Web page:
Wednesday, June 30, 2010

Bitter for the Sweet

Cooking, like life, is all about balance. For every sweet, heavenly moment we experience, there has to be an equal amount of bitter, sad times we wish we could forget. But without those bad times, there would be no good times either - how would we know what "good" was without a comparison? Like adding salt to desserts, those bitter pieces elevate each acme in our days and help us to truly appreciate those gifts.

I wanted to try and take that approach of balancing bitter and sweet aspects and apply it to the world of the baker's kitchen. Salted caramel, bacon chocolate cupcakes, curried banana bread and fleur-de-sel chocolate chip cookies have already been done, so I wanted something different. I also wanted whatever I did to be a twist on tradition, an unexpected flip of a typical-looking creation. I stuck with the chocolate chip cookie idea, but took it to both sweet and bitter extremes. The standard batter became a white chocolate, super sweet concoction, and the regulation chips became small chunks of completely unsweetened baking chocolate. The sharp bitter notes perfectly balanced out the cloying nature of the white chocolate and turned the standard lunchbox treat into a more adult offering.

Bitter-Chipped White Chocolate Cookies
Makes 20
4 oz (2/3 cup) white chocolate, chopped
5 oz silken tofu
1 tbsp vanilla
1/2 tbsp corn syrup
2 oz (1/4 cup) shortening
5.5 oz (13 tbsp) superfine sugar
4.6 oz (1 1/3 cups) flour
1/4 tsp baking powder
1/4 tsp salt
2 oz unsweetened chocolate (yup, no sugar or milk at all), chopped into small pieces and frozen
1 oz mini semisweet chocolate chips

  1. In the microwave or a double boiler, melt white chocolate until smooth. Set aside.
  2. In a food processor, puree tofu, vanilla and corn syrup until smooth. Set aside.
  3. In a large bowl cream shortening and sugar until fluffy.
  4. Add tofu mixture, followed by white chocolate, beating well.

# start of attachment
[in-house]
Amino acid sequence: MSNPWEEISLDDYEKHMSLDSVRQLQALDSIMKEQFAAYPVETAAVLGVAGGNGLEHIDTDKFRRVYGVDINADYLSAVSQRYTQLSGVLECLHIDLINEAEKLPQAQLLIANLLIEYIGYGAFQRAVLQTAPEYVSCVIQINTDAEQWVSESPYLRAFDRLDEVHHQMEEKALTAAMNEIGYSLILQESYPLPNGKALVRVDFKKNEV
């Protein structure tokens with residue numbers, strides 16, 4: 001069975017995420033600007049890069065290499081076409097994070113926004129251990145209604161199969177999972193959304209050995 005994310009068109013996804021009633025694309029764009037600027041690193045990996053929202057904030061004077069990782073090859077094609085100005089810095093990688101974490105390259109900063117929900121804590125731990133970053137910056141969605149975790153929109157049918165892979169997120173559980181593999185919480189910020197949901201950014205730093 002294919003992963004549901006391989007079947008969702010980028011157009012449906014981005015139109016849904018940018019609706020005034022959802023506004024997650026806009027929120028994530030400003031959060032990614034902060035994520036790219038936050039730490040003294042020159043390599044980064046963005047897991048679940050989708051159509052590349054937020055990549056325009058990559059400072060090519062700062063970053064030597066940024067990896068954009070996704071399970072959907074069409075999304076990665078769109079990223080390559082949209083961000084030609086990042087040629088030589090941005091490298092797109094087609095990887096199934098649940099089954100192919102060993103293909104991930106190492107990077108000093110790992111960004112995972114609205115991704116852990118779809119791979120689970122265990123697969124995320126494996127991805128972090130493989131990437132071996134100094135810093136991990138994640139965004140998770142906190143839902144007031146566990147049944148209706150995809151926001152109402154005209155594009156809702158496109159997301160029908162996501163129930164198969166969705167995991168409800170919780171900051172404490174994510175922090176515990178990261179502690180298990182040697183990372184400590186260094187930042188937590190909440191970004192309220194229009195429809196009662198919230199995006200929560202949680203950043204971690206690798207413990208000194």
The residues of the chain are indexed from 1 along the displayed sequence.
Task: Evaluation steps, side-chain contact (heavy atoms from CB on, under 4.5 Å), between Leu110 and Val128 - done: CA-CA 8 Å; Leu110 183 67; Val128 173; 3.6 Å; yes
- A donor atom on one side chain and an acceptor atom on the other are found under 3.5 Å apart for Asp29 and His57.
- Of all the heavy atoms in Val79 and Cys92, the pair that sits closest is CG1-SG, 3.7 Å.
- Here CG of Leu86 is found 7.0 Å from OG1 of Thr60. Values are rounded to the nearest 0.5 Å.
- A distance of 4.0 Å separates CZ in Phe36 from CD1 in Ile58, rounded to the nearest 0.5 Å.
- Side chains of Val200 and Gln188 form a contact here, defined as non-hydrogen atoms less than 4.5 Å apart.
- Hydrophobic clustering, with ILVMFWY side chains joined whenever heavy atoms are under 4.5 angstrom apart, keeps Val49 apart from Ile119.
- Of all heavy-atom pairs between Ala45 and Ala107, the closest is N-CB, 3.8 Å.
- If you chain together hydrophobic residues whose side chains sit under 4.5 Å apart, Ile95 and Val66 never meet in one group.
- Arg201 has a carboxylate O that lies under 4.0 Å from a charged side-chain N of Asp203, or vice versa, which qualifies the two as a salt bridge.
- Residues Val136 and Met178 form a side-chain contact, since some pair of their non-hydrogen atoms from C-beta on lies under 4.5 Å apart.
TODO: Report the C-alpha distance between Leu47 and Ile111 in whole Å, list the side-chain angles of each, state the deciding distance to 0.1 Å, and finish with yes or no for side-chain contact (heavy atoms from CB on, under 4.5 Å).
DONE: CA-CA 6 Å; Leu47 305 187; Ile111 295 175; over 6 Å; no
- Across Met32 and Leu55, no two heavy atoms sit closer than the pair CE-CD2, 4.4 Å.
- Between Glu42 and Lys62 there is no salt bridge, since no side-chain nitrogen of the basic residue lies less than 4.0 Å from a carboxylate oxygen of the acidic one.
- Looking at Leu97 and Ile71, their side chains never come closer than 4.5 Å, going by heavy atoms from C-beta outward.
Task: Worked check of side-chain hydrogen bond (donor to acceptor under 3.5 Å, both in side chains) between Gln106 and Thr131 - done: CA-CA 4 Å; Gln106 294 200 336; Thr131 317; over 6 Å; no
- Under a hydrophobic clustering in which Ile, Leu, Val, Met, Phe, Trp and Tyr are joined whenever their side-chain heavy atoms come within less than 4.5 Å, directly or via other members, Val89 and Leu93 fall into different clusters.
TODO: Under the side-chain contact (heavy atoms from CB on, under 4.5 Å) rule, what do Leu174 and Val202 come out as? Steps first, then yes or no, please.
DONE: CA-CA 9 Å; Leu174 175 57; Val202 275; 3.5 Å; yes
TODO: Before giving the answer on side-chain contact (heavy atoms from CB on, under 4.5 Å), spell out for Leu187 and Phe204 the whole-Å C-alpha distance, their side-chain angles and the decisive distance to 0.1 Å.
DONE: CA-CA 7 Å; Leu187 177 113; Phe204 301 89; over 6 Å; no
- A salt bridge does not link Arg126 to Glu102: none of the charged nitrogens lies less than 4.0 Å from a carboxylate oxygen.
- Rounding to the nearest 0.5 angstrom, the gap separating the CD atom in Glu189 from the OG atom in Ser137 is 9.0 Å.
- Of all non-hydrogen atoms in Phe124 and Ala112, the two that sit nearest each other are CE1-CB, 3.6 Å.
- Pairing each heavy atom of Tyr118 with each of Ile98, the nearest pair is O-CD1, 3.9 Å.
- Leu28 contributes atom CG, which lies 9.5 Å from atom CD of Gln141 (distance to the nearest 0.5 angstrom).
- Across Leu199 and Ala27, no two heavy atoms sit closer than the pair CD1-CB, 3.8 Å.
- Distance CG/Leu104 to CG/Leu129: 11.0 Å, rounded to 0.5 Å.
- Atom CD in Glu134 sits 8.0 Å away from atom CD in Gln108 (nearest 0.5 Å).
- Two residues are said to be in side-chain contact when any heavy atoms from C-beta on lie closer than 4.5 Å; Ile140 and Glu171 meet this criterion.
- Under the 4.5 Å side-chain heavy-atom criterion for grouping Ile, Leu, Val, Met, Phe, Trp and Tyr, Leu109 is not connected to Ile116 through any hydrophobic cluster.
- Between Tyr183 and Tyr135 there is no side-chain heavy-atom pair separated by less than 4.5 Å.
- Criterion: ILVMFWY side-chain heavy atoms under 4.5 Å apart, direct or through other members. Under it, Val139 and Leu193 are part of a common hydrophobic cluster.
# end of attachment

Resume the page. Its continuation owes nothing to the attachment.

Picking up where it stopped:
5. Stir in flour, baking powder and salt until well blended.
  6. Fold in unsweetened chocolate and chocolate chips.
  7. Wrap dough in cling film and refrigerate at least 4 hours.
  8. Preheat oven to 325 °F.
  9. Drop rounded teaspoons of dough onto a parchment-lined cookie sheet (greasing doesn’t work well with these!), leaving at least 2” between them – they spread!.
  10. Bake for 15-16 minutes. Cool completely on sheets.
Amount Per Serving
Calories: 144.3
Total Fat: 6.6 g
Cholesterol: 2.2 mg
Sodium: 9.5 mg
Total Carbs: 20.3 g
Dietary Fiber: 0.8 g
Protein: 2.3 g

Tuesday, June 29, 2010

Another Week, Another Soup

Paella has a place close to my heart. One of my all-time favourite picture books as a child was called "Around the World with the Word Gang", written by Anne Civardi and Graham Philpot, and on the page featuring the "gang's" favoute foods - laid out as a huge banquet of goodies from all over the globe - my favourite illustration was the mantilla-clad giraffe eating the intruiging pan of food labeled "paella". I remember asking my mom what "the black things" were, and she told me that they were mussels - something that I as a 6 year old had never heard of. Even though the rest of the ingredients my mom described as being in the dish - peppers, onions, clams and even the rice - made my young palate wretch, I kept asking my mom to make it. I had it stuck in my head that I would like paella, and convinced myself that it would be every bit as amazing as I imagined.

My mom finally gave in and made her "signature" paella (a riff on the Joy of Cooking recipe) for me when I was 14 - after she felt that my tastebuds had matured enough to appreciate the tastes of the slowly cooked onions, seafood and saffron. From the first forkful of vibrantly yellow rice, I knew I had found love. I had never enjoyed rice all that much, but it somehow just worked with my tastebuds and led to me polishing off a good third of the pan. My favourite part was, and still is to this day, the mussels and clams. If there was nothing else in that pot, it wouldn't matter to me - my love of seafood had been cemented since I was about 5, and the aromatic shellfish were little treasures for me to enjoy.

Our first paella was for New Year's Eve dinner, and for years after that my family developed a unique tradition of making the dish only on that day - you would never see us making it any other time of the year, regardless of how the seafood or vegetables looked in the market. When my mom started dating again, though, a lot of our family customs fell apart, including our family "parties" filled with paella, Air Farce specials and chocolate cheesecake at midnight. The last dish of paella I ever had wasn't even one of ours - it was made at the Sightlines restaurant at the Skydome. But I never forgot that first paella.